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Items Tagged ‘News Release’

September 19th, 2014 · Leave a Comment

Mayo Researchers Reveal Pathway that Contributes to Alzheimer’s Disease

By Kevin Punsky

Loss of LRP6 in neurons leads to enhanced buildup of amyloid protein, a pathological hallmark of Alzheimer's disease.

Loss of LRP6 in neurons leads to enhanced buildup of amyloid protein, a pathological hallmark of Alzheimer's disease.

JACKSONVILLE, Fla. — Researchers at Jacksonville’s campus of Mayo Clinic have discovered a defect in a key cell-signaling pathway they say contributes to both overproduction of toxic protein in the brains of Alzheimer’s disease patients as well as loss of communication between neurons — both significant contributors to this type of dementia.

Their study, in the online issue of Neuron, offers the potential that targeting this specific defect with drugs “may rejuvenate or rescue this pathway,” says the study’s lead investigator, Guojun Bu, Ph.D., a neuroscientist at Mayo Clinic, Jacksonville, Fla.

“This defect is likely not the sole contributor to development of Alzheimer’s disease, but our findings suggest it is very important, and could be therapeutically targeted to possibly prevent Alzheimer’s or treat early disease,” he says.

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Tags: Alzheimer’s disease, Dr Guojun Bu, Florida News Release, Mayo Clinic, Medical Research, News Release


September 17th, 2014 · Leave a Comment

Mayo Clinic Study Opens Door for Early Screening Tools for Parkinson’s Disease

By Jim McVeigh

PHOENIX — A smell test could someday be one of the tools to screen for people at risk of developing Parkinson’s disease, according to a new Mayo Clinic study.

Parkinson's disease is a progressive disorder of the nervous system that affects movement. It develops gradually, sometimes starting with a barely noticeable tremor in just one hand. But while tremor may be the best-known sign of Parkinson's, the disorder also commonly causes stiffness and slowing of movement. Additionally, there are many non-movement problems, including constipation, loss of the sense of smell, sleep problems, lightheadedness, urinary difficulties, depression and anxiety. The non-movement symptoms can develop many years before movement disorders.

 

Although Parkinson's disease can't be cured, medications may markedly improve symptoms. Currently, there is no accurate diagnostic test for the disease; diagnosis is based on medical history, a review of signs and symptoms, a neurological and physical examination and by ruling out other conditions. Confirmation of the disease can only be made by performing an autopsy. Read the rest of this entry »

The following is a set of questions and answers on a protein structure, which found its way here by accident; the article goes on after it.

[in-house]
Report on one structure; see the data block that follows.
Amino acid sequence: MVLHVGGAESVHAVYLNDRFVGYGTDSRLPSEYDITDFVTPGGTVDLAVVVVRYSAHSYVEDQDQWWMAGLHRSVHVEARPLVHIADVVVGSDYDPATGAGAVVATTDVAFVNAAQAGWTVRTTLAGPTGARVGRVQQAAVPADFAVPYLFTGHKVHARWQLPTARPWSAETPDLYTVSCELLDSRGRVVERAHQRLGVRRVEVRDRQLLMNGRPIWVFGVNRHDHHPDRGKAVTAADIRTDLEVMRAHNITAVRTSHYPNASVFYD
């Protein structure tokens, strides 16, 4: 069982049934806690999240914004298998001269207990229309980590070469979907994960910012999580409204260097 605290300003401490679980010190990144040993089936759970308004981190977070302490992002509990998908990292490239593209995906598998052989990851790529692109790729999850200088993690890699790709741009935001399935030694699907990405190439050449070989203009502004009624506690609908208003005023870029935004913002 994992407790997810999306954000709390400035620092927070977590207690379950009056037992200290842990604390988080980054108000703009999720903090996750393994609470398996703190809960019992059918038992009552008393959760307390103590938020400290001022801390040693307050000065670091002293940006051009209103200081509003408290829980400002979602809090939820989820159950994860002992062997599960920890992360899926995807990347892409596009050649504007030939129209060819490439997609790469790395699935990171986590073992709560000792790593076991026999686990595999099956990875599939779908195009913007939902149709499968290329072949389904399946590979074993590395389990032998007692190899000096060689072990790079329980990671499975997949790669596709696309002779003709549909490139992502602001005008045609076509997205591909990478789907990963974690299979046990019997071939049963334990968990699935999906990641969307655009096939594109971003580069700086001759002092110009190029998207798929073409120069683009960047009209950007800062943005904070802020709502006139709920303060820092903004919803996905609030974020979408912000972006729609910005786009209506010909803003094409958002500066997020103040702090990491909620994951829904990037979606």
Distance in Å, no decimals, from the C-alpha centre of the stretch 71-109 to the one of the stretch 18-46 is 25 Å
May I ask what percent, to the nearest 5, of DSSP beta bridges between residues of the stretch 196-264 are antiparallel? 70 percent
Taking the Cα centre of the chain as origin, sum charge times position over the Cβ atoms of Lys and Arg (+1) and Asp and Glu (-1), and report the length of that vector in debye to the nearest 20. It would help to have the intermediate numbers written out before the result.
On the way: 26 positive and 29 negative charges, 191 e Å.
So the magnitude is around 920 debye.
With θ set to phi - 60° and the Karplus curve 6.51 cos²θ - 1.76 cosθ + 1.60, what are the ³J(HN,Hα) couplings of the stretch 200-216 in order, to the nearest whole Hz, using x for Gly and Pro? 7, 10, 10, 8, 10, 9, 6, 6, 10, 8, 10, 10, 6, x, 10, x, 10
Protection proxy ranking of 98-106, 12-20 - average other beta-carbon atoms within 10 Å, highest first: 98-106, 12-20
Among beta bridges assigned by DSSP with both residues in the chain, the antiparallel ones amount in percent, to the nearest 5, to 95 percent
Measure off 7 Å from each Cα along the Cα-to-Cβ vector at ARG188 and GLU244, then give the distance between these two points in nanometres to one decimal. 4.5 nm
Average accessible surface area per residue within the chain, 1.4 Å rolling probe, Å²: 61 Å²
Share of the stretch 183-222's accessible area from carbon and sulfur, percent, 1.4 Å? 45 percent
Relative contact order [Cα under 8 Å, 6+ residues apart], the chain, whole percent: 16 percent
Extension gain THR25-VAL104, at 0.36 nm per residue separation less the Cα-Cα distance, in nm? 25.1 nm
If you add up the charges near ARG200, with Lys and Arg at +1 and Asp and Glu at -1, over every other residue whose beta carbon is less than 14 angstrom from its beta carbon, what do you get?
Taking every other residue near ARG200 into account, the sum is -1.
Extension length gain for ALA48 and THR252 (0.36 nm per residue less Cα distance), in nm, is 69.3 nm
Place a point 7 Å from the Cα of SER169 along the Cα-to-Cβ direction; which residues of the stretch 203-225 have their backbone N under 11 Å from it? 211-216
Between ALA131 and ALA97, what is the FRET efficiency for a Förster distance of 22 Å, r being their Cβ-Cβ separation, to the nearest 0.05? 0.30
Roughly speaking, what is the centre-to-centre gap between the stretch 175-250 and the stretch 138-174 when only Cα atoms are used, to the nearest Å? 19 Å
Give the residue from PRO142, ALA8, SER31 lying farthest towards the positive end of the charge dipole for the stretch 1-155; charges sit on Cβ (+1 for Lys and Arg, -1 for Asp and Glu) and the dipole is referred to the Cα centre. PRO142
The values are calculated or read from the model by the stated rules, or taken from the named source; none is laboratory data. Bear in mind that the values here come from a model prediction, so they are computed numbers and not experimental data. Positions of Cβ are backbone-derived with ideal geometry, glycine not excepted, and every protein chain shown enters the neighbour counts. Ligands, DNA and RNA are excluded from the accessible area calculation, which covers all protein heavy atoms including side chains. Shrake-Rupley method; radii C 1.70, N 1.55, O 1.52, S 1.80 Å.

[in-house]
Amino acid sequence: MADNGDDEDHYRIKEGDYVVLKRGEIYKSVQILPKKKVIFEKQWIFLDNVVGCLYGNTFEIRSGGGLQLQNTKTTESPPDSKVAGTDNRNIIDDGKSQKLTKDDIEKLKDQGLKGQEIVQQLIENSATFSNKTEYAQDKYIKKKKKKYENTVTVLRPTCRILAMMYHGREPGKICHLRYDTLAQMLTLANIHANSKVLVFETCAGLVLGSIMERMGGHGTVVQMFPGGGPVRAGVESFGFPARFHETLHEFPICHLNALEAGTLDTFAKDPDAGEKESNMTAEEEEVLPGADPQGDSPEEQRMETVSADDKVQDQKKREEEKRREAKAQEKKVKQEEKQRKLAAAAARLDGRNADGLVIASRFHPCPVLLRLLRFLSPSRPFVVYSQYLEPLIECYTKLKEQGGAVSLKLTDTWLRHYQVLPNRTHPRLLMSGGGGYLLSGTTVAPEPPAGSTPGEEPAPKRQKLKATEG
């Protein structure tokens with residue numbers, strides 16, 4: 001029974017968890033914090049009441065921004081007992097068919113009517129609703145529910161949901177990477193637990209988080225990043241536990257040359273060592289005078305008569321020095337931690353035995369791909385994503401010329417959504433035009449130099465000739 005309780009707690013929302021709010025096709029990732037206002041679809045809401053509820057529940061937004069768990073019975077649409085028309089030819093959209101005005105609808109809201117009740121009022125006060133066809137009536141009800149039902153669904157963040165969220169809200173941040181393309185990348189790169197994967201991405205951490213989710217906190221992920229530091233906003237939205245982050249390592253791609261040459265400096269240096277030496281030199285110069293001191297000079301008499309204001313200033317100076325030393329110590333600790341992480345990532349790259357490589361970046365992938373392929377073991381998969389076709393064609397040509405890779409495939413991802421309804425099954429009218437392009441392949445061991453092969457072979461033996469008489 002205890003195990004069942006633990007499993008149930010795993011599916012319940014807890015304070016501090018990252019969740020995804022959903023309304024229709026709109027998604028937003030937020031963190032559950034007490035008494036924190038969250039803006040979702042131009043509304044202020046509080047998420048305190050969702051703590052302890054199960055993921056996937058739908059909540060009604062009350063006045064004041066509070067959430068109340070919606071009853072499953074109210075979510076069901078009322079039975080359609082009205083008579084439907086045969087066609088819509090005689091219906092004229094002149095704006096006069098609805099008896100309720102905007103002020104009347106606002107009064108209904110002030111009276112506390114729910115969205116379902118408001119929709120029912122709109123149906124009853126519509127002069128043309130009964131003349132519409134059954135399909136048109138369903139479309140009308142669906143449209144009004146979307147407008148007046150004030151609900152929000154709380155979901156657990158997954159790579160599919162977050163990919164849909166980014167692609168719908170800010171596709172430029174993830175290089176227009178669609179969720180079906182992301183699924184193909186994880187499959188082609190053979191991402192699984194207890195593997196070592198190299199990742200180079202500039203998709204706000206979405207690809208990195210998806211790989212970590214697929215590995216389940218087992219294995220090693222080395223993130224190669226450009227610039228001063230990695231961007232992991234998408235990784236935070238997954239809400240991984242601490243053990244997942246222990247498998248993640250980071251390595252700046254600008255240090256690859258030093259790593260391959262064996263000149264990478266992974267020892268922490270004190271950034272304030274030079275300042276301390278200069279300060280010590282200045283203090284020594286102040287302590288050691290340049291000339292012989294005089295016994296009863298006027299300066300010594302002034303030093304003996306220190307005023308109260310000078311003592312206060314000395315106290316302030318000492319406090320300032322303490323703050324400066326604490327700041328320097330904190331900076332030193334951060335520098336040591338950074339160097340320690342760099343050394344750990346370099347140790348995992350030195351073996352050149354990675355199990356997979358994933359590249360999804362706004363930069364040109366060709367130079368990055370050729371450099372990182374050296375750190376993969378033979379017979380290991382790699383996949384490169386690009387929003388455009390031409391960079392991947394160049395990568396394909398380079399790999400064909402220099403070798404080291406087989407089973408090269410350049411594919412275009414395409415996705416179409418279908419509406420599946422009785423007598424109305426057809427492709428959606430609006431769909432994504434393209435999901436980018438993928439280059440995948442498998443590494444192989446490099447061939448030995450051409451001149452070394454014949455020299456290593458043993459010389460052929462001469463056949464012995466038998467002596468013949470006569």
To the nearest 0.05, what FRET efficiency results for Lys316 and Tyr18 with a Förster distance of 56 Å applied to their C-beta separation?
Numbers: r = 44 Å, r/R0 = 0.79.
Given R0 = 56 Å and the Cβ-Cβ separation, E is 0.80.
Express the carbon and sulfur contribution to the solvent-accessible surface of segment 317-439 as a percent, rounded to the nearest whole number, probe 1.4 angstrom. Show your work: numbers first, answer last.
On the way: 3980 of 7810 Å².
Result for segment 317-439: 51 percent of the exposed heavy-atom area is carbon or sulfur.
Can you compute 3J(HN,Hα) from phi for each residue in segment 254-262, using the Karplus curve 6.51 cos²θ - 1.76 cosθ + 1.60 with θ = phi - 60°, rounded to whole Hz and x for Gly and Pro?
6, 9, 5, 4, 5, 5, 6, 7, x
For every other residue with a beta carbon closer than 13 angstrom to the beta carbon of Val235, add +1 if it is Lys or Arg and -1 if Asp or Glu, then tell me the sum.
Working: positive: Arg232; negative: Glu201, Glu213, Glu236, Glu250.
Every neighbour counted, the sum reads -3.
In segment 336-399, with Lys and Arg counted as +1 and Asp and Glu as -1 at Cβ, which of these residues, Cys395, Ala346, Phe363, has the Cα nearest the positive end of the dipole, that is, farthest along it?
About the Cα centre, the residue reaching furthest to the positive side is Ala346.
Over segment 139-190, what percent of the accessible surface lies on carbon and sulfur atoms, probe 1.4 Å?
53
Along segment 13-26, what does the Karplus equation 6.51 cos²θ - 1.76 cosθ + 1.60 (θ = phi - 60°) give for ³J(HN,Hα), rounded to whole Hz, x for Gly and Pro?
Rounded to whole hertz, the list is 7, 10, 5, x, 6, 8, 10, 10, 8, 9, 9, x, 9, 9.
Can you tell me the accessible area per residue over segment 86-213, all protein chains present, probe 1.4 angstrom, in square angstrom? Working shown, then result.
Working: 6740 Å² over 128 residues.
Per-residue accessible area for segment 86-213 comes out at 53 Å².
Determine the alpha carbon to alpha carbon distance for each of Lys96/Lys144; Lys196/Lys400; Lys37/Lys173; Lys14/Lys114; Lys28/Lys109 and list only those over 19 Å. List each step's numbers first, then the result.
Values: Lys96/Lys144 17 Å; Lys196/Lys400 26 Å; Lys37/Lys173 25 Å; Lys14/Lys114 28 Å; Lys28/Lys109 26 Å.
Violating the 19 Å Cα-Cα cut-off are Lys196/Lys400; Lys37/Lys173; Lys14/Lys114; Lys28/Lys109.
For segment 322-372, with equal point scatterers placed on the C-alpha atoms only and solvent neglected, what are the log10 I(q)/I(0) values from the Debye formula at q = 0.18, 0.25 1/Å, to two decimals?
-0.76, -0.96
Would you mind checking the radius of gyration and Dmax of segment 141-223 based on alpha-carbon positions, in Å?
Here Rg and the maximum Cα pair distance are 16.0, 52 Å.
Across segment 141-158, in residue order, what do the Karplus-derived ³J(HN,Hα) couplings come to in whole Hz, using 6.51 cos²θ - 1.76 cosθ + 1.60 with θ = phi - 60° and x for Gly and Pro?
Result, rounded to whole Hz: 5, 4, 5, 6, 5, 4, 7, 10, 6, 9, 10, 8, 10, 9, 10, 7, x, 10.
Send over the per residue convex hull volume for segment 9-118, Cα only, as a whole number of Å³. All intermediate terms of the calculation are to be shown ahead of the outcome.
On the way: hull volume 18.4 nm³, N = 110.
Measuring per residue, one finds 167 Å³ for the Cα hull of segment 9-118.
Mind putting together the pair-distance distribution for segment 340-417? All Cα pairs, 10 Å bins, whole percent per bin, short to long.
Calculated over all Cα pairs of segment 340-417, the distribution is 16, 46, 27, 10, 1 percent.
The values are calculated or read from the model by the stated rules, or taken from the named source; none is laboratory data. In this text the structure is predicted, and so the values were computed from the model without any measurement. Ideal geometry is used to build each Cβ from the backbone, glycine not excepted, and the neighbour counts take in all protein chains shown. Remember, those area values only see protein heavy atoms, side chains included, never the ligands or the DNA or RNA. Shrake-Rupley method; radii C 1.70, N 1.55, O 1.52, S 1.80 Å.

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Tags: Arizona News Release, Erika Driver-Dunckley, M.D., Mayo Clinic, Neurology, News Release, Parkinson's


September 12th, 2014 · Leave a Comment

Physicians Find Liver Transplant Patients Can Avoid Costly Stay In ICU Post Surgery

By Paul Scotti

JACKSONVILLE, Fla., Sept. 12, 2014 — The liver transplant team at Mayo Clinic in Florida has found, based on 12 years of experience, that more than half of patients receiving a new liver can be “fast-tracked” to return to a surgical ward room following their transplant, bypassing a one- or two-day stay in the Intensive Care Unit (ICU).

In the September issue of the American Journal of Transplantation, the physicians and researchers have turned their knowledge of who can be safely fast-tracked into a scoring system that other transplant centers can also use — thus sparing patients potentially overly aggressive treatment and saving substantial health care dollars.

MEDIA CONTACT: Paul Scotti, Mayo Clinic Public Affairs, 904-953-0199. Email: scotti.paul@mayo.edu

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Tags: C Burcin Taner, Florida News Release, liver transplant, M.D., Mayo Clinic in Florida, News Release, Transplant Center


September 12th, 2014 · Leave a Comment

Worldwide Study Demonstrates Accuracy of Genetic Analyses

By Kevin Punsky

E. Aubrey Thompson, Ph.D., Mayo Clinic in Florida

E. Aubrey Thompson, Ph.D., Mayo Clinic in Florida

JACKSONVILLE, Fla. — Physicians envision a future in which genomic data from patients is heavily used to manage care — but experts have questioned the accuracy and reliability of these analyses. Now, a study by 150 researchers in 12 countries finds real strength and agreement across RNA genomic sequencing techniques and laboratories — as well as ways to improve what little variability exists to set a new high standard.